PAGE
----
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Date: 2/14/12 9:07 AM

It is store bought, and I think it is Wright's. I did not prewash but will try that tonight as well. I bought (1) pack for finished product and bought one that does not match and am using a thread that really sticks out so I can where the problems are more easily, so I have plenty to work with for the practice runs prior to making the real thing. I will want to have a couple successful runs before I use the intended fabric & bias.

Thanks for the suggestion.

DKT113
DKT113
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In reply to Tom P


Date: 2/14/12 9:19 AM

Quote: Tom P
As an alternative, you can do it in two passes as follows. First, start with unfolded bias tape (you can make your own with a rotary cutter or press flat the store bought tape). Sew it to the outside of the harness, RS together, with a 1/4in or so seam allowance. Wrap the tape around the raw edge and to the inside of the harness and press it. You can press under the raw edge of the tape at this point, or you can just leave it out if you don't care if it looks 100% finished. It'll still look, like 95% finished as the bias tape won't ravel. I would likely just not press the raw tape edge under.



Stitch again through all layers with the outside of the harness on top, catching the bias tape on the underside. Stitch close to the seam between tape and harness. Ideally, I guess this line of stitching should be right in the ditch (you can use a ditch stitching foot if you have one), but it's really most important that it doesn't go back and forth from tape to harness all the time. Either a little on the harness fabric or a little on the tape is fine.

I need another cup of coffee to process this, brain hasn't fully engaged yet. I think it would help too if I had the fabrics in hand to manipulate because I'm too new to follow without a visual. I might have additional questions on the method tonight after I get home that I will post and hopefully you can peek back in here in the next couple days

Thank you.
bookwormbethie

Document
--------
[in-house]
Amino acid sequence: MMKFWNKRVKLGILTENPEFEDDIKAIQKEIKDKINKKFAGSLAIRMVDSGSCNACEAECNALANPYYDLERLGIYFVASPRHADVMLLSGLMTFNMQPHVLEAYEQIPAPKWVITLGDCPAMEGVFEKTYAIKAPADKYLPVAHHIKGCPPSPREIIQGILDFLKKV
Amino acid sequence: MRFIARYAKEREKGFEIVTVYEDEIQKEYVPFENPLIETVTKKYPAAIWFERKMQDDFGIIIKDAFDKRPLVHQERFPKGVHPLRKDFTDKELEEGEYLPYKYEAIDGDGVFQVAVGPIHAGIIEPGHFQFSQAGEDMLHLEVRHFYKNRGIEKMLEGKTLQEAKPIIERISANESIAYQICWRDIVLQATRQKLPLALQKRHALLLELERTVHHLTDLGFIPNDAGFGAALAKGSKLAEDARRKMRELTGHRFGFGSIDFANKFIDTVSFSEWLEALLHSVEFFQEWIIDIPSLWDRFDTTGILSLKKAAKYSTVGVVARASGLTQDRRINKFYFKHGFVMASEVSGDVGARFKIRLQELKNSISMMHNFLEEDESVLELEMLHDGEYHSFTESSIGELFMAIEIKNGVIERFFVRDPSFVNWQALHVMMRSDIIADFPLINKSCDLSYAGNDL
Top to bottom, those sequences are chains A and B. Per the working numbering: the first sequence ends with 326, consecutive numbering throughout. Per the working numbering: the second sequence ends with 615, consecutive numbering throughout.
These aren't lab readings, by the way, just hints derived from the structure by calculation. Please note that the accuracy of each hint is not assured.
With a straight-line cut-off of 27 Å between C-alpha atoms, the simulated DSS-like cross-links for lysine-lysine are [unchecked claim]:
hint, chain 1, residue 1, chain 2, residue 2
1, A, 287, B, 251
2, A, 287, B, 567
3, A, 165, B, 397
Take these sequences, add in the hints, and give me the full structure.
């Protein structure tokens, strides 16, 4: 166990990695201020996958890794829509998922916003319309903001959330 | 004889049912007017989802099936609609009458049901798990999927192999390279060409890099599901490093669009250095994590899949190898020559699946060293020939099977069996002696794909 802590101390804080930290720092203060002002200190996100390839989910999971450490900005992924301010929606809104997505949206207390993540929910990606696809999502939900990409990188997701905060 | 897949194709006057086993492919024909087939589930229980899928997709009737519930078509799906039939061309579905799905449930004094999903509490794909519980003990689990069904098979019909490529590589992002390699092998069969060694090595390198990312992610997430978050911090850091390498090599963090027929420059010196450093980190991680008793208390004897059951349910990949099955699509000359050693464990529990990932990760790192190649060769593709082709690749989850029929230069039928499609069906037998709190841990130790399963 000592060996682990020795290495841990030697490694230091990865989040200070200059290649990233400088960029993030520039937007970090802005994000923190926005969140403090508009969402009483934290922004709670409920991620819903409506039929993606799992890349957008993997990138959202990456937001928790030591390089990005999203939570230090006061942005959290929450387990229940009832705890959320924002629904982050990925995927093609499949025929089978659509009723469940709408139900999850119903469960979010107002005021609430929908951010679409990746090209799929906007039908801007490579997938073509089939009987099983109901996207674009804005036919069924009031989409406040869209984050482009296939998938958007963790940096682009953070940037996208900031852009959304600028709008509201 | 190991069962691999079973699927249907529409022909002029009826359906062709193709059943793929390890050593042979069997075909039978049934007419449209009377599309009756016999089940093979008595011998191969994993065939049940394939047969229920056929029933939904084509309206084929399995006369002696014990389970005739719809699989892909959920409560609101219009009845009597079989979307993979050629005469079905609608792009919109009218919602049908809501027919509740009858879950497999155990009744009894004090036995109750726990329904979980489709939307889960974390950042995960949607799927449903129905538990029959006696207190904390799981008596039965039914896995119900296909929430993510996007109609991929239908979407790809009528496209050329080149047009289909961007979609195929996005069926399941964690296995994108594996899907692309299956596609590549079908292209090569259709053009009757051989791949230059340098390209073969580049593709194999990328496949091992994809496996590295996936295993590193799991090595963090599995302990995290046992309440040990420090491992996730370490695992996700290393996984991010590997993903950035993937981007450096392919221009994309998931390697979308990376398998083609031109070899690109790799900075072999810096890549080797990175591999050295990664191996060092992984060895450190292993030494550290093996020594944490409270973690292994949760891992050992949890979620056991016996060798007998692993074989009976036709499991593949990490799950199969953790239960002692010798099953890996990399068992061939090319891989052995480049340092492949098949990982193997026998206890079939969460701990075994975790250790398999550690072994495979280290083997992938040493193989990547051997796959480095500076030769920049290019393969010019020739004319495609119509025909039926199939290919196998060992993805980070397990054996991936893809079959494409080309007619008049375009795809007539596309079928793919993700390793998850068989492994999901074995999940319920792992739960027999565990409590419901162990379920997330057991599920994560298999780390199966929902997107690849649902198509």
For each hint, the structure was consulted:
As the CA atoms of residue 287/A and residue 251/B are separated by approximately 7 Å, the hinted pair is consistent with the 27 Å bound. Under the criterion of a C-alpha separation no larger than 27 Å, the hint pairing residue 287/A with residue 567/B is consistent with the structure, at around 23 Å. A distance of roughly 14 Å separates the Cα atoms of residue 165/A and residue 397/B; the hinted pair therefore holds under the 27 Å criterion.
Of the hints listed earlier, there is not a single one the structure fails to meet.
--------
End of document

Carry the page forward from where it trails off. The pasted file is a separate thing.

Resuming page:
bookwormbethie
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In reply to DKT113


Date: 2/14/12 9:46 AM

you might also want to try www.youtube.com and do some keyword searching for videos on sewing bias tape on curves, etc.... and see if you can find a good video with some tips for you :)

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stirwatersblue
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stirwatersblue
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Date: 2/14/12 5:26 PM

I'm going to second/third/whatever the advice the others have given you!

1. Homemade bias tape is a hundred times easier to use than purchased. It's kind of a pain to make, but it's *so* much more user-friendly. My favorite fabric for bias tape is microsuede, but almost anything will work. I've never tried Bethie's suggestion to pre-wash the storebought stuff, though, and kind of want to pick up a pack and see how it works!

2. Apply it in two passes, as Tom suggests. It's nearly impossible to get both sides to cooperate at the same time. There are *gads* of bias binding tutorials online; I pretty much always read up on a few before I do a binding project.

3. I find curves easier to negotiate than corners, but one trick I've learned from PR is to take your iron and press the curves into the tape *before* you apply it. Lay the bias tape and the thing you're binding onto your ironing board. Take the folded bias tape and pin it along the path you'll be sewing. Then blast the heck out of it with steam. Let it cool, and then pin it in place for real. It will already be curved/stretched/shrunk to the right size, and you'll have less puckering as you attach it.

Good luck!

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~Gem in the prairie

Tom P
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In reply to DKT113


Date: 2/14/12 5:36 PM

I understand that having a picture would be helpful. I don't know of a good online tutorial, but I'm sure that a search on 'bias binding' or 'Hong Kong finish' will turn up something. I believe it's also in the Reader's Digest Sewing book if you have that.

I think it's pretty logical once you get going with it. The main idea is to sew the tape to the outside, RS together, then wrap the raw edge with the tape. The second stitching pass just holds it in place.

A quick search turns up this article from Threads. Scroll down to 'Hong Kong finish for unlined jackets' about a third of the way down. You can skip their trimming step